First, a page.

WASHINGTON — Republicans muscled a pared-back farm bill through the House on Thursday, stripping out the food-stamp program to satisfy conservatives but losing what little Democratic support the bill had when it failed last month. It was the first time that food stamps had not been a part of the farm bill since 1973.

The 216-208 vote saved House Republican leaders from an embarrassing reprisal of the unexpected defeat of a broader version of the bill in June, but the future of agriculture policy remains uncertain. The food-stamp program, formally called the Supplemental Nutrition Assistance Program, was 80 percent of the original bill’s cost, and it remains the centerpiece of the Senate’s bipartisan farm bill.

Dropping the food stamps lowers the cost of the farm bill from $100 billion a year to about $20 billion a year.

Even in a chamber used to acrimony, Thursday’s debate was brutal. Democrats repeatedly called for roll-call votes on parliamentary procedures and motions to adjourn, delaying the final vote by hours and charging Republicans with callousness and cruelty.

Republicans shouted protests, trying to silence the most strident Democrats, and were repeatedly forced to vote to uphold their own parliamentary rulings.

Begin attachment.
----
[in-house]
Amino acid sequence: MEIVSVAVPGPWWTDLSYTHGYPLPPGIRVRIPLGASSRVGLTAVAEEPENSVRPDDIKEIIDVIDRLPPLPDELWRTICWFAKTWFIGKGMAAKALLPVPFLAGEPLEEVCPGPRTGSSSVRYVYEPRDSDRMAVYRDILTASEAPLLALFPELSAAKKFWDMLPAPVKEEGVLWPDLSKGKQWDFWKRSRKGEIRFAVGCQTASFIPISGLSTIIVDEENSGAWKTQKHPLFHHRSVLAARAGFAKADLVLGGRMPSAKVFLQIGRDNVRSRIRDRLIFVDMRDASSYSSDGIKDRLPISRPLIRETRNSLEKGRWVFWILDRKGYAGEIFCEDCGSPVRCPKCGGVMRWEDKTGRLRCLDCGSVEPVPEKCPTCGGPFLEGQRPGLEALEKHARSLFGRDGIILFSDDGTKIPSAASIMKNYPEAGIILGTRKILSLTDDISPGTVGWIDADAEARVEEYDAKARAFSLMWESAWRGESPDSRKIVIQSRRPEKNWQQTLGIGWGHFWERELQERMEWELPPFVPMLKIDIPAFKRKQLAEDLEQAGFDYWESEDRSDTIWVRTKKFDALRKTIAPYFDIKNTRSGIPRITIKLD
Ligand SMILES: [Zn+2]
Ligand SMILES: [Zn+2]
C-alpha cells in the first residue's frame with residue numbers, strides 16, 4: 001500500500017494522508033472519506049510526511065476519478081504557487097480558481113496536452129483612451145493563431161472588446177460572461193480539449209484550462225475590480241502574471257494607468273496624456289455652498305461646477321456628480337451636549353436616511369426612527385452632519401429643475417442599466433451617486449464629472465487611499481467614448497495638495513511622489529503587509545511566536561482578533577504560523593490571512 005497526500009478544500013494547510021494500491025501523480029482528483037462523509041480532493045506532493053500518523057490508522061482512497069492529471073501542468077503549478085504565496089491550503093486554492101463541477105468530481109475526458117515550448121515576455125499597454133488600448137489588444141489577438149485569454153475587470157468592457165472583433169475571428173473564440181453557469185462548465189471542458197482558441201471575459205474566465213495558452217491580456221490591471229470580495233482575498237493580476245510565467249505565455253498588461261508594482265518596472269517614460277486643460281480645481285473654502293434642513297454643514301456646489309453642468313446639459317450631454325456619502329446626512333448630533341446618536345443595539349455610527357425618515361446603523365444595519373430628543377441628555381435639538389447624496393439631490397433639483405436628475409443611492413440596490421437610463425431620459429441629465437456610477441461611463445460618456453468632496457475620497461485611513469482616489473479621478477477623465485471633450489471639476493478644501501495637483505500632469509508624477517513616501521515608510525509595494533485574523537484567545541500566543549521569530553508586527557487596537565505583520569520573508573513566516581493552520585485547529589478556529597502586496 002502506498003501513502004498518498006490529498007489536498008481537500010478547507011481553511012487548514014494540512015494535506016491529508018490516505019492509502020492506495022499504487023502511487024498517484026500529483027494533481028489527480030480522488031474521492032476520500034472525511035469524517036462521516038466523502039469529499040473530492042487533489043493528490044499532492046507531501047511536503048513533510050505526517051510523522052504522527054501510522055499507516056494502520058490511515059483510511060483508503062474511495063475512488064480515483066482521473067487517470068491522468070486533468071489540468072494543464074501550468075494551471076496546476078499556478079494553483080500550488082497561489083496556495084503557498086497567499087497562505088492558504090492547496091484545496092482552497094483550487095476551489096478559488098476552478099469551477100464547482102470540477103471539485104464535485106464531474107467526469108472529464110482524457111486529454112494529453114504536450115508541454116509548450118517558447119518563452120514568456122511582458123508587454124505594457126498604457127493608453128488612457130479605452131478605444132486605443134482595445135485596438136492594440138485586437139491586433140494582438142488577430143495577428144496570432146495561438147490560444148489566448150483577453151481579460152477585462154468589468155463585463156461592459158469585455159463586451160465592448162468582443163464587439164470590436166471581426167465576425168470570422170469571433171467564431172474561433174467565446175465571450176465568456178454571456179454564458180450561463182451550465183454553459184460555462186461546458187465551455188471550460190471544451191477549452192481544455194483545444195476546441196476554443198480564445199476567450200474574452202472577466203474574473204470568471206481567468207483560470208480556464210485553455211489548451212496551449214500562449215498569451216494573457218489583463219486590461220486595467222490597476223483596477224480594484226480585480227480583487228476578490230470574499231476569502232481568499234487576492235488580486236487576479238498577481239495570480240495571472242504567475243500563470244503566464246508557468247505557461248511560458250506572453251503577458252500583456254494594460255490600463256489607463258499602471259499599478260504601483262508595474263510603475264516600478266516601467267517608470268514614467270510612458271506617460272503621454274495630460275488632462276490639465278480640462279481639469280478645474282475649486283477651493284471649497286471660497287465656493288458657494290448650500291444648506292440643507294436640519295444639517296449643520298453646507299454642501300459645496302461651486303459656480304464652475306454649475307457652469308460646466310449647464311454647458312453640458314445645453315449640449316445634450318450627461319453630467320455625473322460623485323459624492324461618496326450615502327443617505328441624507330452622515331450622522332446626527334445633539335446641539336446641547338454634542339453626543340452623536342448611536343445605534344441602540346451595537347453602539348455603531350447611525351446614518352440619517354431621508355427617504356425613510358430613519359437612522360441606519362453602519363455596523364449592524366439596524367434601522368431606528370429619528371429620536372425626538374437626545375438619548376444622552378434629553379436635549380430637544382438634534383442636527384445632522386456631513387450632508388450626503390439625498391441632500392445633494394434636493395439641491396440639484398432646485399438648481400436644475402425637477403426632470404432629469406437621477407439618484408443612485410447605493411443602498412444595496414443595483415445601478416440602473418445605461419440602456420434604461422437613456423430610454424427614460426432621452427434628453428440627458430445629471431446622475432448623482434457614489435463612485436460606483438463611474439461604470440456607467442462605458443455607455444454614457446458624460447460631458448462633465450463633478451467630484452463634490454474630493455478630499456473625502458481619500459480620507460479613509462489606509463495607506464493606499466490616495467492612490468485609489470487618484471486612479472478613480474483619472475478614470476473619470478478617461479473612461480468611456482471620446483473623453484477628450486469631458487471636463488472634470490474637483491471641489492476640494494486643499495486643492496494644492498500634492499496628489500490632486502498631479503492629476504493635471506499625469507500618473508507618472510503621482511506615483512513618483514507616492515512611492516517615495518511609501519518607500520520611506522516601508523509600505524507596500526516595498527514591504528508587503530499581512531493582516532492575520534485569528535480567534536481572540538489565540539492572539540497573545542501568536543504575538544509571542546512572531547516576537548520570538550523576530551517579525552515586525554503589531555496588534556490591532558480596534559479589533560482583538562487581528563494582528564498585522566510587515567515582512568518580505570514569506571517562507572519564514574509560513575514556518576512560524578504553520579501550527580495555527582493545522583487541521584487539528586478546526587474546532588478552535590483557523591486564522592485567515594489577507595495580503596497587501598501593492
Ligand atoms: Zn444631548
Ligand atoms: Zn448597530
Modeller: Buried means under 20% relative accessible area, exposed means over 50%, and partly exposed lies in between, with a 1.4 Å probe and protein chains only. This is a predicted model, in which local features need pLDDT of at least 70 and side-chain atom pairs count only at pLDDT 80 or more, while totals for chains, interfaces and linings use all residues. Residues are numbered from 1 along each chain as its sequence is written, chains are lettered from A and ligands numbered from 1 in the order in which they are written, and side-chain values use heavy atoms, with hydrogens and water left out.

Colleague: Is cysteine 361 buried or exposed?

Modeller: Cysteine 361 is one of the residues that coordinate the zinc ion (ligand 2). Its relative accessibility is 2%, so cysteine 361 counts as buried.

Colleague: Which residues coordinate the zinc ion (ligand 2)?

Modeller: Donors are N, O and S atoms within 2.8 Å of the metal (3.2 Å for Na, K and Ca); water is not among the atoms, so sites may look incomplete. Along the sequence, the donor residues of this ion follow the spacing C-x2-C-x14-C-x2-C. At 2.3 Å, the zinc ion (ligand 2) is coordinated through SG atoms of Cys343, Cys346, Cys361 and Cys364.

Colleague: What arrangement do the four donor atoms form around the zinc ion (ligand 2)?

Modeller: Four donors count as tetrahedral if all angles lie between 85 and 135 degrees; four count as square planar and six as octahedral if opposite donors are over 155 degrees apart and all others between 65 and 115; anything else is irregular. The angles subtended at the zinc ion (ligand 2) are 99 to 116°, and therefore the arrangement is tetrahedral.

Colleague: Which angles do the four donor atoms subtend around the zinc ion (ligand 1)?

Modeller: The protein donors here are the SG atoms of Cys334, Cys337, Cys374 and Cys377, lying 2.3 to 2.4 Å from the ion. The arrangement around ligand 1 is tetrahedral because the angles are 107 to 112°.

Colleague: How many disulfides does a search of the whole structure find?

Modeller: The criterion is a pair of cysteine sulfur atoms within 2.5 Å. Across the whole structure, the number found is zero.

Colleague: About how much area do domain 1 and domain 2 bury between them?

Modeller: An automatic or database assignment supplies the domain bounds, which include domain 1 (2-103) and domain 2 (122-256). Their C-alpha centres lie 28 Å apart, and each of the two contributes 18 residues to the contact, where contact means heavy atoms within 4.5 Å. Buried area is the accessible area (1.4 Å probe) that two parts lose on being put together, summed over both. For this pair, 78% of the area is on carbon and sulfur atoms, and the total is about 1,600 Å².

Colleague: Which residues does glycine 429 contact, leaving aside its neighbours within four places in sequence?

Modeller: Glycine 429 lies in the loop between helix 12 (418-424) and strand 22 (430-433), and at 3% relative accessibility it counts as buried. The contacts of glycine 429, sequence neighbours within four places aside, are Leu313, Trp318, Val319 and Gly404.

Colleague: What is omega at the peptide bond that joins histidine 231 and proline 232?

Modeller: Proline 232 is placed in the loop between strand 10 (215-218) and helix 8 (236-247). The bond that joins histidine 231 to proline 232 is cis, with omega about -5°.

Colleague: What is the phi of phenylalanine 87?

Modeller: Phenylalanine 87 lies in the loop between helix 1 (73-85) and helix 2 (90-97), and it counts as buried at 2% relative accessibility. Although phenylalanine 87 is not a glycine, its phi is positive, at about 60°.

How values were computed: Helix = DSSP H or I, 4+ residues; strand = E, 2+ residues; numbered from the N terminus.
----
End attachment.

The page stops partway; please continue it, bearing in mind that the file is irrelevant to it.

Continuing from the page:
Rep. Frank Lucas, R-Okla., chairman of the House Agriculture Committee, said he would try to draft a separate food-stamp bill “as soon as I can achieve a consensus.”

House and Senate negotiators could produce a compromise with the robust food-stamp program the Senate wants, but such a bill would almost certainly have to pass the House with significant Republican defections.

The bill keeps the changes that were in the version that failed last month, and amendments were barred. The bill would consolidate or cut numerous farm-subsidy programs, including $5 billion paid annually to farmers and landowners whether they plant crops or not.

The money saved from eliminating those payments would be directed into the $9 billion crop-insurance program, and new subsidies would be created for peanut, cotton and rice farmers.

The bill also made changes to a dairy program that sets limits on the amount of milk produced and sold in the United States.

One overlooked provision would require additional economic and scientific analyses before a 2010 law to improve the food-safety system goes into effect. Food-safety advocates said the provision would effectively halt implementation of the law, which gives the Food and Drug Administration greater authority over food production.

No Democrats voted for the measure Thursday, and 12 Republicans voted against it.

Material from The Associated Press is included in this report.